Transparency is vital: On authorisation of coronavirus vaccines

Safety and efficacy data must be known before emergency-use authorisation for vaccines

December 08, 2020 12:02 am | Updated 12:13 pm IST

A day after Pfizer sought the Indian regulator’s nod for emergency-use authorisation for its mRNA vaccine, the Pune-based Serum Institute of India has approached the regulator for a similar nod for its vaccine, Covishield , developed by Oxford University. Unlike Pfizer, AstraZeneca , which is carrying out the phase-3 trials of the Oxford vaccine in four countries, is yet to secure a nod from any of the regulatory agencies. AstraZeneca recently gave details of the interim safety and efficacy data involving 131 COVID-19 cases in the phase-3 trials in the U.K. and Brazil. But details of the trials in India are not out yet. The unprecedented speed in taking the vaccine from the development stage to approval process in less than a year is remarkable, and perhaps necessitated by the toll the virus has taken on lives and livelihoods. But this is not without cause for concern at a time when governments are putting pressure on regulatory bodies to fast-track the entire process. Lack of transparency about vaccine safety and efficacy does no good in gaining people’s confidence and willingness to get vaccinated. While Moderna, Pfizer and AstraZeneca took the extraordinary step of publicly sharing the trial protocol, the time points at which interim analysis of phase-3 trial in India will be carried out for safety and efficacy is unclear. While the U.S. FDA has clearly spelt out at least 50% efficacy and stipulated a median follow-up duration of at least two months after completion of the full vaccination regimen to assess a vaccine’s benefit-risk profile for emergency-use approval, no such conditions have been mentioned by the Indian regulatory agency. The phase-3 trial of Covishield began on September 21 and completed the enrolment on November 12.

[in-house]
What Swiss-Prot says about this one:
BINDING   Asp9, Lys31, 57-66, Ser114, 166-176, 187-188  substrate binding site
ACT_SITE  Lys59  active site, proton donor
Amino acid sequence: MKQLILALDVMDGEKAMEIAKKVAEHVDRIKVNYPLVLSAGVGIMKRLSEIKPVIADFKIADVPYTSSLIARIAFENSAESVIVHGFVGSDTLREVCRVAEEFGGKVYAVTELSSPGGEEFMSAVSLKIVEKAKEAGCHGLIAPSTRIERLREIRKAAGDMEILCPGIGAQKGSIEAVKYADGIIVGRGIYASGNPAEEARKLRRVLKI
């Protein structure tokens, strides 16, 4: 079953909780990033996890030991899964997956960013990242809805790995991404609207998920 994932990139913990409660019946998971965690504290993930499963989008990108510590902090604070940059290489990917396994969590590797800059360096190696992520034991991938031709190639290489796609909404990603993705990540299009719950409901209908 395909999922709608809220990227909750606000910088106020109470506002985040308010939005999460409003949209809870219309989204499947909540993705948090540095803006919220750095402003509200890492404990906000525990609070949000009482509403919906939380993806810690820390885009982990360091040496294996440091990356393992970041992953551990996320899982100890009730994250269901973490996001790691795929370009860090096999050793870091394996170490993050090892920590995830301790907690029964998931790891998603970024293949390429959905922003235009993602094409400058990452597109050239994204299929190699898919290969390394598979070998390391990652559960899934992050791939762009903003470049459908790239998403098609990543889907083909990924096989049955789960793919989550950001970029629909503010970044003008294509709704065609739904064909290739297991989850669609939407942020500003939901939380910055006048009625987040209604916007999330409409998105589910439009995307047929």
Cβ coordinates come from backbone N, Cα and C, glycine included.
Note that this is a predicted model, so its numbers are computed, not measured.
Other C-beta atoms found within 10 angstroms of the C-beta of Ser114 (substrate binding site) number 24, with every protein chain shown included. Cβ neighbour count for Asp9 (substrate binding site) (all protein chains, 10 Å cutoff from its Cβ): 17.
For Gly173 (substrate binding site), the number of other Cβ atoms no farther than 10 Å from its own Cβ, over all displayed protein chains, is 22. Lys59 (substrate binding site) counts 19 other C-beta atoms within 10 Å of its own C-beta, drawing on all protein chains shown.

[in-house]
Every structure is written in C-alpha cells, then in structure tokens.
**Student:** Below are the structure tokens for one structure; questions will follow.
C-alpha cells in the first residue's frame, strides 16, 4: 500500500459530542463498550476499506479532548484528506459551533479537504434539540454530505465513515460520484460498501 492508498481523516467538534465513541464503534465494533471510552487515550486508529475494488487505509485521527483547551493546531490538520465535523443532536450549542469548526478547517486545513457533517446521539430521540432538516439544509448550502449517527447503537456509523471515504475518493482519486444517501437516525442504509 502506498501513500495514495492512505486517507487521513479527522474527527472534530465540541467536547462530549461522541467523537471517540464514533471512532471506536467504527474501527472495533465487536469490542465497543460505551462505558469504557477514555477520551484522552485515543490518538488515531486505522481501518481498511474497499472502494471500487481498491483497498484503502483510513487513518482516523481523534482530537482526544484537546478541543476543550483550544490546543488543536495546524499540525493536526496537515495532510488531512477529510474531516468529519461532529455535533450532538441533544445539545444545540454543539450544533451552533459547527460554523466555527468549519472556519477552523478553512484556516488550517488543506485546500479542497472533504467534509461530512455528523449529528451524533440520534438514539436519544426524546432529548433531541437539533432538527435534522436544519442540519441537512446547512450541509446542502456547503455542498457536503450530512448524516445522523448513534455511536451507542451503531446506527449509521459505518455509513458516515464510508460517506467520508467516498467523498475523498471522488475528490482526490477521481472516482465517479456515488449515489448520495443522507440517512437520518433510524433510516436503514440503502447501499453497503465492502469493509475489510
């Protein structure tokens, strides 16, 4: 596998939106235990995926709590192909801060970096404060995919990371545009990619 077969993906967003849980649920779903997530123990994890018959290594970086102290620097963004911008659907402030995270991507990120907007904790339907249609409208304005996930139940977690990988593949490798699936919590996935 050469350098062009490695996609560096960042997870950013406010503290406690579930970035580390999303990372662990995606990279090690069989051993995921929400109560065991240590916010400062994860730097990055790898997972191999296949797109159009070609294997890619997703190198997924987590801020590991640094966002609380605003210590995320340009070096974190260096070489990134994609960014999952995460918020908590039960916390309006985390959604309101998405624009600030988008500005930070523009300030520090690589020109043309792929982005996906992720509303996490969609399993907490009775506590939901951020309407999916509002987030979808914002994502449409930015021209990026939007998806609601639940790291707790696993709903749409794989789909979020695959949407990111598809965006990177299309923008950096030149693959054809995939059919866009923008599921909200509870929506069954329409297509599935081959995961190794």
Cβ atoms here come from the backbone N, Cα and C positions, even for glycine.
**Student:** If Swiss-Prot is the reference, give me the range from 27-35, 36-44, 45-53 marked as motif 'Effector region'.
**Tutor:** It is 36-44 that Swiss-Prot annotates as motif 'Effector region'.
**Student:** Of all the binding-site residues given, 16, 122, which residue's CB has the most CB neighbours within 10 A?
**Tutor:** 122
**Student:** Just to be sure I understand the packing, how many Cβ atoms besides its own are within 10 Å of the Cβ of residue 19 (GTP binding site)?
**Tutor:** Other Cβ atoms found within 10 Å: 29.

Prime Minister Narendra Modi announced a few days ago that a vaccine would be available in the next few weeks bringing some cheer in an otherwise desolate scenario. The sooner a vaccine is available, the better it is for everyone, but pushing through an ineffective or unsafe vaccine is worse than not having one. A survey by the London-based Vaccine Confidence Project revealed that though the intent to get vaccinated was 87% in India, 34% respondents were worried about side-effects while 16% were concerned about fast-moving trials. While the Indian government is aware of vaccine hesitancy among a certain section of people, the concerns are best addressed when all stakeholders are transparent at every stage and not by merely sharing guidelines regarding vaccine safety with the States. It is important that those seeking emergency-use authorisation share the safety and efficacy data immediately.

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